The Miami Herald's Andean bureau chief, Jim Wyss, was released after being arrested in San Cristobal, a city in Venezuela's Tachira state, and later transferred to the country's military intelligence headquarters in Caracas.

After being detained for about 48 hours, on Saturday afternoon Wyss was turned over by Venezuelan military intelligence officers to U.S. Embassy officials, who confirmed that he was in good physical shape and showed no signs of having suffered any mistreatment, The Miami Herald reported.

"First of all, I want to thank everyone who helped in my release," Wyss said upon his arrival at the Miami International Airport on Sunday. "Besides being detained, I was not hurt in any way."

Wyss, a correspondent who has put together about a dozen reports on Venezuela, was arrested on Thursday in San Cristobal by National Guard officers while working on a story about the scarcity of consumer goods in that country and its upcoming municipal elections.

According to The Herald, he was taken into custody near the border with Colombia when he approached members of the National Guard to ask for an interview with military authorities.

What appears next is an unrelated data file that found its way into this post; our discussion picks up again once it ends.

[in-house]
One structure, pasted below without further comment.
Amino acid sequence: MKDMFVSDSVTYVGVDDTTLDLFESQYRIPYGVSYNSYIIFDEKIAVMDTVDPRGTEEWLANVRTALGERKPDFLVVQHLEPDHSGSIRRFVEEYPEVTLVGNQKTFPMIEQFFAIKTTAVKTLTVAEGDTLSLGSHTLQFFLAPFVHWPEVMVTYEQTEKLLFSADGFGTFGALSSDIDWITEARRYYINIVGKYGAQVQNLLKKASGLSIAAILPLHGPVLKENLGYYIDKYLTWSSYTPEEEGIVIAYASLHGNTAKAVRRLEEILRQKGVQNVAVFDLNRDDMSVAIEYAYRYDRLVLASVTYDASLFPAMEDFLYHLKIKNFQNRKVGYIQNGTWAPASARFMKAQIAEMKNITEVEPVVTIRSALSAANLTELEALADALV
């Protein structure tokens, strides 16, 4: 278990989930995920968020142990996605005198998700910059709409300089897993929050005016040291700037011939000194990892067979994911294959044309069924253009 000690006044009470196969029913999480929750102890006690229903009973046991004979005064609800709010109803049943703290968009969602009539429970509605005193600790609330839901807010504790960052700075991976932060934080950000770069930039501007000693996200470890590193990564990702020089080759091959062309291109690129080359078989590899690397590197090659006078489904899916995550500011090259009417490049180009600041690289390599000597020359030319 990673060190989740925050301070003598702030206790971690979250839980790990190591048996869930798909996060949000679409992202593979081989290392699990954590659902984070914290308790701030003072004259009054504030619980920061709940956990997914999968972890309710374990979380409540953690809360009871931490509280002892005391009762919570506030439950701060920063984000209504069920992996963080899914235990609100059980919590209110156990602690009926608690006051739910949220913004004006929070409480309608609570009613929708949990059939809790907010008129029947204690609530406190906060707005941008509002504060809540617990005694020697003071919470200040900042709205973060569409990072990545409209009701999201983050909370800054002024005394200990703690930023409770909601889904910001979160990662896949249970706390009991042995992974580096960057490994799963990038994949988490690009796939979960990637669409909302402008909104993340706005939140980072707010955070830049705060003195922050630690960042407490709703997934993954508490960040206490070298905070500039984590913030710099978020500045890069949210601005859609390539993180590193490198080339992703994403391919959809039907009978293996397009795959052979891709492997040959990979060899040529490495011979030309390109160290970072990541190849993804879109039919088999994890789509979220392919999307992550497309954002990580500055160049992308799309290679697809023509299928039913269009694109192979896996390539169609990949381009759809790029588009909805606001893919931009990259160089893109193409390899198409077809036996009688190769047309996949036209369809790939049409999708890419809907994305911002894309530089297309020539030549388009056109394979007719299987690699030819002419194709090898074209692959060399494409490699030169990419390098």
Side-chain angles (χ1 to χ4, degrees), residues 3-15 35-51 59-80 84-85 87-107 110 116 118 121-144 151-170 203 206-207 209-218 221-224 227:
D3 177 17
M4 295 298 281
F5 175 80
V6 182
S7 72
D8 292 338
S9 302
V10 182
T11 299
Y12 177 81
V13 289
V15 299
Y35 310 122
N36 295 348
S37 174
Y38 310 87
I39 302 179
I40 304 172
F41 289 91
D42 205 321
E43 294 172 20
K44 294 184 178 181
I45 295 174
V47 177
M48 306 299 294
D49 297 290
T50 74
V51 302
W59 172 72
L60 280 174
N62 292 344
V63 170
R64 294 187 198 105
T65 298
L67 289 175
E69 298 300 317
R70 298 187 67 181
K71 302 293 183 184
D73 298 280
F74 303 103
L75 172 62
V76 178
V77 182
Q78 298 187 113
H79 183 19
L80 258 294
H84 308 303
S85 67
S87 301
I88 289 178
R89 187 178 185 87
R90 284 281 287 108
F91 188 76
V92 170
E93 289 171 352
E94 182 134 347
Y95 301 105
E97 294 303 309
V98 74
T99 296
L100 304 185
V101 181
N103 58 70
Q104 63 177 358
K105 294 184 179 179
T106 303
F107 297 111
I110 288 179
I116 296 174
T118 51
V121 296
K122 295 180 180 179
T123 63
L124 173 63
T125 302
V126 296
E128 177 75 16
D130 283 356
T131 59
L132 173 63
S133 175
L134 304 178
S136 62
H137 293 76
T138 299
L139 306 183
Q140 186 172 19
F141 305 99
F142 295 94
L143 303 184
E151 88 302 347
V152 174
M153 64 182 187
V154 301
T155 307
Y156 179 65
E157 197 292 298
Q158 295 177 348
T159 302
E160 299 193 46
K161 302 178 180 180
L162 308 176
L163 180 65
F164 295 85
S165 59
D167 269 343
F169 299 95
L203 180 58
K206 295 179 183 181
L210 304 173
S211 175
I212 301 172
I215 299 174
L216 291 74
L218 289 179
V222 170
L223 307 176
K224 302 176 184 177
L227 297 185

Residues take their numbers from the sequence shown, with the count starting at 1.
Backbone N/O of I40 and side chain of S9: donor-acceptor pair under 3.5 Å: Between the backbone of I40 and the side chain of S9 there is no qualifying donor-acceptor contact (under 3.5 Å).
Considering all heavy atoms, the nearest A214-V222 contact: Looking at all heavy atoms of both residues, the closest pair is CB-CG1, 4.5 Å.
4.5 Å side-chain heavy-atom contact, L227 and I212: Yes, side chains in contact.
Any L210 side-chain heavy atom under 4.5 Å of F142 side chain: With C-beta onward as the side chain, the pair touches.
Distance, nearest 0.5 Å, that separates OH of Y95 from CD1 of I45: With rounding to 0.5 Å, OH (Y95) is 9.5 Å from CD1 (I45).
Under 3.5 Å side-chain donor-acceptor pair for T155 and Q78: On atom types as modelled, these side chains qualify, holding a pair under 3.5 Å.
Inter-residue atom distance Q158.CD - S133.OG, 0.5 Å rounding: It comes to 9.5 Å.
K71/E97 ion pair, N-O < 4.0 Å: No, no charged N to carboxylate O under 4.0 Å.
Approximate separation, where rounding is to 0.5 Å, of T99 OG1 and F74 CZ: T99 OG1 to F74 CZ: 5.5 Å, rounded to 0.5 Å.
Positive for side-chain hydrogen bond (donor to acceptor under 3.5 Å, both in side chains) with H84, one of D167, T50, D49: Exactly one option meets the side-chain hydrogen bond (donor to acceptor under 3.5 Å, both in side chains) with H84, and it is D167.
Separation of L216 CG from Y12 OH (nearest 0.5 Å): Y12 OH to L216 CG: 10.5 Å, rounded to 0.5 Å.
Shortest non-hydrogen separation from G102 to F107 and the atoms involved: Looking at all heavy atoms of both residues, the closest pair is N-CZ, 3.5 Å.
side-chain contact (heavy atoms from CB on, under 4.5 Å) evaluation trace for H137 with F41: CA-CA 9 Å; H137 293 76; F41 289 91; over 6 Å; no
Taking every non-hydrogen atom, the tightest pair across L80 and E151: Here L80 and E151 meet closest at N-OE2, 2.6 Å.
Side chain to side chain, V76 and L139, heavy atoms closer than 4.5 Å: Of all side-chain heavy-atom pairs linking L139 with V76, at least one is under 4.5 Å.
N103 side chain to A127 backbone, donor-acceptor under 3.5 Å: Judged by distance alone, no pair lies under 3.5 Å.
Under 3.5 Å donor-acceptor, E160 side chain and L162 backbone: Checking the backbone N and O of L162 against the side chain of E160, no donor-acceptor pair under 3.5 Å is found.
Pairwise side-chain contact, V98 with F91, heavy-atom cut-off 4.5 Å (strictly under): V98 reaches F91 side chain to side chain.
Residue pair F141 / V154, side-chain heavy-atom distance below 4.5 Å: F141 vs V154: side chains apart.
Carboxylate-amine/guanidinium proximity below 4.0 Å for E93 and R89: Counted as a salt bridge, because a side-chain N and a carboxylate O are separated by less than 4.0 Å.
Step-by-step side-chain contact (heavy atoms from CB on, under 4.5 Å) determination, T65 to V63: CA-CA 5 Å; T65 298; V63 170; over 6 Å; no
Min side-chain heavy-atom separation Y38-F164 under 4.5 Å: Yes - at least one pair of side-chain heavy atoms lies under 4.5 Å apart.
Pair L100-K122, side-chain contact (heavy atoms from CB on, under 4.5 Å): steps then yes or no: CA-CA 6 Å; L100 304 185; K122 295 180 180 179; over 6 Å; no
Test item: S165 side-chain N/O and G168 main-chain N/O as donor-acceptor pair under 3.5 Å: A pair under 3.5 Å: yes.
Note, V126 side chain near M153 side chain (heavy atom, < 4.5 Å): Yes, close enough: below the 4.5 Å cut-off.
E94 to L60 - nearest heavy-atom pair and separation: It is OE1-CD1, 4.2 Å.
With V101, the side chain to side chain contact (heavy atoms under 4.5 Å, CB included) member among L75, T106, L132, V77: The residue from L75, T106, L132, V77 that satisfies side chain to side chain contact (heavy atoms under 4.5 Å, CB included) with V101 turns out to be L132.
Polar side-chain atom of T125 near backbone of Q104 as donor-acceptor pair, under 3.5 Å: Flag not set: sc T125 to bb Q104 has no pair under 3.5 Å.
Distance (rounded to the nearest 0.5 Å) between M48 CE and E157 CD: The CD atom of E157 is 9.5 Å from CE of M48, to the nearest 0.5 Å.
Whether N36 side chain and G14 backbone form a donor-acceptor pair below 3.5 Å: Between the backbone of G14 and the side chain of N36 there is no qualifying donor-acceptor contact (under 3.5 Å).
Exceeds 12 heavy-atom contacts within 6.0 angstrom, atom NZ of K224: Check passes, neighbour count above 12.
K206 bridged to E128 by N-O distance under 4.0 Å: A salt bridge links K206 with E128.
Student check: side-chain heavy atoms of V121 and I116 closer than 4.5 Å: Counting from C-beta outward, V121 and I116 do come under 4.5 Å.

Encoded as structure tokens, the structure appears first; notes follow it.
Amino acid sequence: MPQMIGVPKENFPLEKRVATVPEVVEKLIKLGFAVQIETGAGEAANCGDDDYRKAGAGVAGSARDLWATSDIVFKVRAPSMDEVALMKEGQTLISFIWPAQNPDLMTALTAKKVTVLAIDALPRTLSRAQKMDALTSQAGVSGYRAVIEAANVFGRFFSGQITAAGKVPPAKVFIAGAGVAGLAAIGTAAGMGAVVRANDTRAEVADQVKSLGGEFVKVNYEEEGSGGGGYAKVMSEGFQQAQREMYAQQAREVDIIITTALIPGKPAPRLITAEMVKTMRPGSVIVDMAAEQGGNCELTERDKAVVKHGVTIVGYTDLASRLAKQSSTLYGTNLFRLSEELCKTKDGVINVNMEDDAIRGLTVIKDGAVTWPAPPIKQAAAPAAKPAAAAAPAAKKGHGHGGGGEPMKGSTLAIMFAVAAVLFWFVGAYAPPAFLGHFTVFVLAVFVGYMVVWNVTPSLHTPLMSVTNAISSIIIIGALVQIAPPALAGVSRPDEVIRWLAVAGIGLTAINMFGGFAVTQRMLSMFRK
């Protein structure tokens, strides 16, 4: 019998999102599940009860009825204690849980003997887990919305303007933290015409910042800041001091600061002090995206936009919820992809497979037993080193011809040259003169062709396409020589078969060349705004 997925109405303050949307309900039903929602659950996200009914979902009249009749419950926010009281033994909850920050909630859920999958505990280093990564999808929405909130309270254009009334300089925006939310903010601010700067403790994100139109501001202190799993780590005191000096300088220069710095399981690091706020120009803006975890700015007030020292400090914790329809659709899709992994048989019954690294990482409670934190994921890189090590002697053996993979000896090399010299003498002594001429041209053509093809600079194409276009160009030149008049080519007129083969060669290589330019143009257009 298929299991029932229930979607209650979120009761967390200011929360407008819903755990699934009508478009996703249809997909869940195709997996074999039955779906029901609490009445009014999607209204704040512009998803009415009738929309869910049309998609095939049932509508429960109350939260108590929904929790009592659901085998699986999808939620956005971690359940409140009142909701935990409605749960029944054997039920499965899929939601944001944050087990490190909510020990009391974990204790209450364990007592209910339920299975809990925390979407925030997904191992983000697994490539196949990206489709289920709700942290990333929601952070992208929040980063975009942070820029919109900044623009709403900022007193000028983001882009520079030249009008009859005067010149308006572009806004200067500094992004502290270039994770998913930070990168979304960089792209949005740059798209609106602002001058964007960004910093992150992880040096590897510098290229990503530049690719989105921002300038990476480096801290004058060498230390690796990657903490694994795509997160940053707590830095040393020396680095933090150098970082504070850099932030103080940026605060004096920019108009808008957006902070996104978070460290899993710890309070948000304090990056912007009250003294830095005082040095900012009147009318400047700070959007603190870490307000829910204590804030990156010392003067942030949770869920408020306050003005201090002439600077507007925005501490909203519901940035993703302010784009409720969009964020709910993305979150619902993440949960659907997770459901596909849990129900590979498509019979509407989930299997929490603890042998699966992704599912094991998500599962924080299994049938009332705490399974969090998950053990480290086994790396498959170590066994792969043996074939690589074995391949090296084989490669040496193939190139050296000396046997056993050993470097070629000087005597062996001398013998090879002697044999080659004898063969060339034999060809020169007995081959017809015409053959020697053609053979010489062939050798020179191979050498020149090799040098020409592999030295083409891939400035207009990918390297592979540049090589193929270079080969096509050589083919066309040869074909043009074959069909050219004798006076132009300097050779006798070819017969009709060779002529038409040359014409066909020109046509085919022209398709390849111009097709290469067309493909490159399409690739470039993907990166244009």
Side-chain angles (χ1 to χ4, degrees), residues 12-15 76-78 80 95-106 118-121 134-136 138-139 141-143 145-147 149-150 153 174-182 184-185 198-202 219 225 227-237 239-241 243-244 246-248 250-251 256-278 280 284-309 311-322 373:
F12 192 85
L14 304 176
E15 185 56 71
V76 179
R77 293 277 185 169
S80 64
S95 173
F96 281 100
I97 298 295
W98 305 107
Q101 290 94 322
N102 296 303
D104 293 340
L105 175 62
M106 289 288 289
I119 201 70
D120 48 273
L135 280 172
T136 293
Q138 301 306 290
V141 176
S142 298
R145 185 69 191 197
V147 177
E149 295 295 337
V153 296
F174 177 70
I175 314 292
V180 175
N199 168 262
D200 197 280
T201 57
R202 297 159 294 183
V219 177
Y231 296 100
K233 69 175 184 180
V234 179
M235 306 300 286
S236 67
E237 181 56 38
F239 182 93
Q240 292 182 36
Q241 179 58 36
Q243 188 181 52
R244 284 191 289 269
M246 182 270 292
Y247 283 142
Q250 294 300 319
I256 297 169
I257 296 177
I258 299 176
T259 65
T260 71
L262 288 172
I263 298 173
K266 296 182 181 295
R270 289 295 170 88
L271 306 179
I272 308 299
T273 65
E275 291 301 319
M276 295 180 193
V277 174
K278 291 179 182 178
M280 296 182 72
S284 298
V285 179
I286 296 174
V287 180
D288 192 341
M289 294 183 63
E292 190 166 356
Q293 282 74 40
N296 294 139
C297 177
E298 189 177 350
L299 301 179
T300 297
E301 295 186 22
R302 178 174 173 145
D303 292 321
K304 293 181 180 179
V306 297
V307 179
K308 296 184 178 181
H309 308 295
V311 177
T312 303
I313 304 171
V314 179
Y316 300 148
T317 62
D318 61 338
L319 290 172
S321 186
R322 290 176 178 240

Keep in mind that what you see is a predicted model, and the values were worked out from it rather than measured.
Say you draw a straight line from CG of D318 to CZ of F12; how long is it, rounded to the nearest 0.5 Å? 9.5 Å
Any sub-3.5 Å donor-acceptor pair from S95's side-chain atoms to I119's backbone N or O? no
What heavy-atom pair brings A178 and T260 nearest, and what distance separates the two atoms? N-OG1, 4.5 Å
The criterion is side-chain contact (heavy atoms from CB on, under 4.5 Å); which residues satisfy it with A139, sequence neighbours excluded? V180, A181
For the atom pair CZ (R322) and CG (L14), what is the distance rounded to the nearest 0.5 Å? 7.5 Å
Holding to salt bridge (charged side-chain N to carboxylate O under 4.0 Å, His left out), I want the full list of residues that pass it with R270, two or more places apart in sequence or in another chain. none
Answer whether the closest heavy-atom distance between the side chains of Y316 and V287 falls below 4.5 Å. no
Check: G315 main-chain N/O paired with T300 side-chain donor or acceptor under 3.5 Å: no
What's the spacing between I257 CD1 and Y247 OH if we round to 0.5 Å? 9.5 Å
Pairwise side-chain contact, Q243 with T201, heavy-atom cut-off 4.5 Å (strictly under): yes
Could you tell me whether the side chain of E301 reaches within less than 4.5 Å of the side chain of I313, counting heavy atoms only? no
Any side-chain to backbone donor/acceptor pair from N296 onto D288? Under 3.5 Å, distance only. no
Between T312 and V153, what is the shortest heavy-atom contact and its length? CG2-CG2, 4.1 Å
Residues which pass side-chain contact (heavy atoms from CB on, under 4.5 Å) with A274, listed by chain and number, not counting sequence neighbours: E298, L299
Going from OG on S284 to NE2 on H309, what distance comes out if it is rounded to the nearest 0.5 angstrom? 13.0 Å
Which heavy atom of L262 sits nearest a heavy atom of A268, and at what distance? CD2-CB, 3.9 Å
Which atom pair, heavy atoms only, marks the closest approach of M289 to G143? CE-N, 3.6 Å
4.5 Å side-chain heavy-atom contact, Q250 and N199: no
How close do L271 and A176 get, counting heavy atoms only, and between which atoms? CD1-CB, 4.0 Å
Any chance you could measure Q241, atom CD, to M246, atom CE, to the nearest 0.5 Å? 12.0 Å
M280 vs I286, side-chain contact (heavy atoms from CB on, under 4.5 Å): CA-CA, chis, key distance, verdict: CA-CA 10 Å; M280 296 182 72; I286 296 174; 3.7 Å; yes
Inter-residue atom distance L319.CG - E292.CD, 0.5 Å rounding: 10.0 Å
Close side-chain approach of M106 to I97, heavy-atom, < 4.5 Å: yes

Venezuelan authorities said that Wyss was taken into custody for not having permission to conduct his journalistic work in the country, after which he was transferred to the detention center in the Venezuelan capital, where he was visited by officials from the U.S. Embassy.

Wyss, a respected and well-known journalist in this part of South America, over the past several years has reported on a variety of Venezuelan topics including the activities of late President Hugo Chavez and the recent presidential election.

"I have deep respect for Venezuela and its people and I look forward to continuing to report from the country," Wyss said.

"We're relieved and glad Jim is home safe and sound," Herald executive editor Aminda Marques Gonzalez said.

The Miami Herald, published by the McClatchy group, is the most important newspaper in South Florida and has won more than 20 Pulitzer Prizes over the years. EFE